Cisco and telepresence: If you have a hammer, everything looks like a nail

Okay, you know that you can count on tech vendors to put 2 + 2 together and get 5, especially where their own product is involved. Let's start with today's CNET quote from Cisco: "What is different right now is that the health care system in this country is being asked to deliver service more effectively and efficiently without increasing the available resources," said Nick Augustinos, senior director with Cisco's Internet Business Solutions group for global health. "So what's needed now is a health care system that can scale. And that is what telepresence and other remote monitoring technologies can do by extending the natural reach of doctors and clinicians in a nontraditional way."  Hold on, Nick.

I'll give you non-traditional. Telepresence from Cisco, where $300K gets you the sense that you're all in the same room.  But a) there are alternatives and b) there are some disconnected thoughts in this article:

Telemedicine hasn't taken off because of cost - nope. This isn't quite correct. Telepresence as a widely used telemedicine technology hasn't taken off because of cost. From the article: "And because these systems require the use of high-definition audio and video, which must be transmitted over an Internet connection between doctors and patients, these systems require significant amounts of bandwidth. This means that without ubiquitous broadband access throughout the country, the cost benefits and usefulness of the technology is limited." Telepresence is one instance (and a megabucks one at that) of telemedicine. The telephone consultation -- that's telemedicine.* So is e-mail. So is remote monitoring of glucose, and so is remote management of medication dispensers.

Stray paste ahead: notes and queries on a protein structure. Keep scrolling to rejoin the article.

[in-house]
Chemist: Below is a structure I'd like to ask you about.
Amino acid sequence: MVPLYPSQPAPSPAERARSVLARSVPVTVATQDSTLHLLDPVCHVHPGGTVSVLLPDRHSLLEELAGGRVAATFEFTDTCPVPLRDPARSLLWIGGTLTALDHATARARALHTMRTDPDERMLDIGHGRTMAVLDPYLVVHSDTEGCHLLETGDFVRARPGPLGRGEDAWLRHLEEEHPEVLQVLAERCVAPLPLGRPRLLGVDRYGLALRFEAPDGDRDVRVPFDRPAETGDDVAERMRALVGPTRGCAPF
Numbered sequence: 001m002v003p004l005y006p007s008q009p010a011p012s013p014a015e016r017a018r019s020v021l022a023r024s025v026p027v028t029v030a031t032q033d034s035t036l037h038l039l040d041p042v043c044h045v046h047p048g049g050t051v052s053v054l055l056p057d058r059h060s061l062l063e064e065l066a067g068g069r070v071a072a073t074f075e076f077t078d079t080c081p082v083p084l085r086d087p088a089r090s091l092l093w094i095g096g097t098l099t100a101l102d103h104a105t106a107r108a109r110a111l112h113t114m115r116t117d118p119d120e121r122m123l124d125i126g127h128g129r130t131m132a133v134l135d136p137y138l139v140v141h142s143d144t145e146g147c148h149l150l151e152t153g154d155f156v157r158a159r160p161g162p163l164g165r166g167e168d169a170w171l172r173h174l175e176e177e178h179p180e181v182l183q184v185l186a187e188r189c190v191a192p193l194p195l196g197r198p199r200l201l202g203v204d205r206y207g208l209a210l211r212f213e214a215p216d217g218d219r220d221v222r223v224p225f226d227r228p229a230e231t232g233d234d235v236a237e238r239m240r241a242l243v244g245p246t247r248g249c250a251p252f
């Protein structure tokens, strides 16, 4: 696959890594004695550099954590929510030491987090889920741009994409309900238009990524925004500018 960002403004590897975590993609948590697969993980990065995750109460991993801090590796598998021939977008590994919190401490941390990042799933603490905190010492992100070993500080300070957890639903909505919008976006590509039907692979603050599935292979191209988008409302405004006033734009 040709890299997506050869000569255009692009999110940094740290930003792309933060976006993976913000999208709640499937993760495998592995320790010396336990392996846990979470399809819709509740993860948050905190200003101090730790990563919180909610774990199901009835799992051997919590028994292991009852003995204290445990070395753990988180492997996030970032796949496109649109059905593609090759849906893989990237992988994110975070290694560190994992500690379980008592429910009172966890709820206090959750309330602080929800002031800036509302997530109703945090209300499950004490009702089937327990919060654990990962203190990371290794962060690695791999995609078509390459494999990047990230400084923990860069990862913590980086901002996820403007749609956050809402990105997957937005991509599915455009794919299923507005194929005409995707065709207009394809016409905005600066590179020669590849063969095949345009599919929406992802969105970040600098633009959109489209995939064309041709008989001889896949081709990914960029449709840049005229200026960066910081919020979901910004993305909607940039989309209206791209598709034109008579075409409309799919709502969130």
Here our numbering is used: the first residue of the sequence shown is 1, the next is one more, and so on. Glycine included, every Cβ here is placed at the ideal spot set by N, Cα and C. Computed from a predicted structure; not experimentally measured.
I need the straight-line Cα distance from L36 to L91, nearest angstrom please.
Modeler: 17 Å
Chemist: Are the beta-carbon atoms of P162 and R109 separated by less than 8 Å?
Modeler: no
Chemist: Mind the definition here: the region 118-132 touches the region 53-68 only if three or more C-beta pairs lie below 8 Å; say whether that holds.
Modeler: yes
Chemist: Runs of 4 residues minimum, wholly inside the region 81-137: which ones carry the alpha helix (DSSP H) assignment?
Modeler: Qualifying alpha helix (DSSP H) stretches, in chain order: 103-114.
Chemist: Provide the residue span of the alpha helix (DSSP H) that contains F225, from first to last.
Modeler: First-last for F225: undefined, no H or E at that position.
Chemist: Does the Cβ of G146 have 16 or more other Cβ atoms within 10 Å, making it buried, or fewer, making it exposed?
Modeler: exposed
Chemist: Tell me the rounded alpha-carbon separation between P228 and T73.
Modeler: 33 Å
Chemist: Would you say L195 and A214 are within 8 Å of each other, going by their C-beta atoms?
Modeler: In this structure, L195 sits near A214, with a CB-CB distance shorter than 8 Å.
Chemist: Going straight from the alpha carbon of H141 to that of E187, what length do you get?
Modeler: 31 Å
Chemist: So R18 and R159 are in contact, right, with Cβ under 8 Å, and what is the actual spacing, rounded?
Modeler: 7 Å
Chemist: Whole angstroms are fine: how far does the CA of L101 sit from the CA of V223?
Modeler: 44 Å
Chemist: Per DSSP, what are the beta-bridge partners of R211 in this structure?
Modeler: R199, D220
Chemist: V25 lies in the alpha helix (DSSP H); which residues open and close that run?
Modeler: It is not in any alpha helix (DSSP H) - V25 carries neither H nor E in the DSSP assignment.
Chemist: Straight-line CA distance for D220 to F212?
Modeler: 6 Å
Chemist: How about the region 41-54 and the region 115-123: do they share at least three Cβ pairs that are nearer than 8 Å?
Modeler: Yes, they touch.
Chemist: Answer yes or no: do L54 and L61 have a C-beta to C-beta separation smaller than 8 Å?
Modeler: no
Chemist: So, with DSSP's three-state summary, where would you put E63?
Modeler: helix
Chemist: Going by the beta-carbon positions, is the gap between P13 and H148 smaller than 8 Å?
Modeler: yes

Telemedicine is more and less than telepresence. From CNET: "One of the challenges in deploying telemedicine has been the fact that insurance companies have been more likely to reimburse traditional face-to-face doctor visits rather than procedures done remotely using telemedicine. But with the partnership between UnitedHealth Group, which insures some 70 million people in the U.S. and Cisco, it looks like insurance companies may be realizing the economic benefits of scaling the health care system virtually." Not necessarily. Doesn't seem like United has come out with a specific endorsement of all the other 'tele' technologies. Important to note -- it is feasible for doctors to code a 'virtual' visit today for Medicare reimbursement.  But feasible is not the same as widely endorsed or standardized in practice.

Meanwhile, back at the ranch, telephone and e-mail up, cost is low. Before leaping to the conclusion that Cisco's telepresence offering is just the ticket to telemedicine, let's see a big boost in all the other mechanisms that are low cost. Telephone and e-mail also enable advice to individuals who can't easily travel from their home to the doctor's office. In 2008, the VA issued a study that validated lower cost/higher satisfaction use of telehealth technologies like remote monitoring, video conferencing, medication reminders, and other technologies -- when part of overall case/care management.  Maybe overall care management is the key to to better and lower cost care.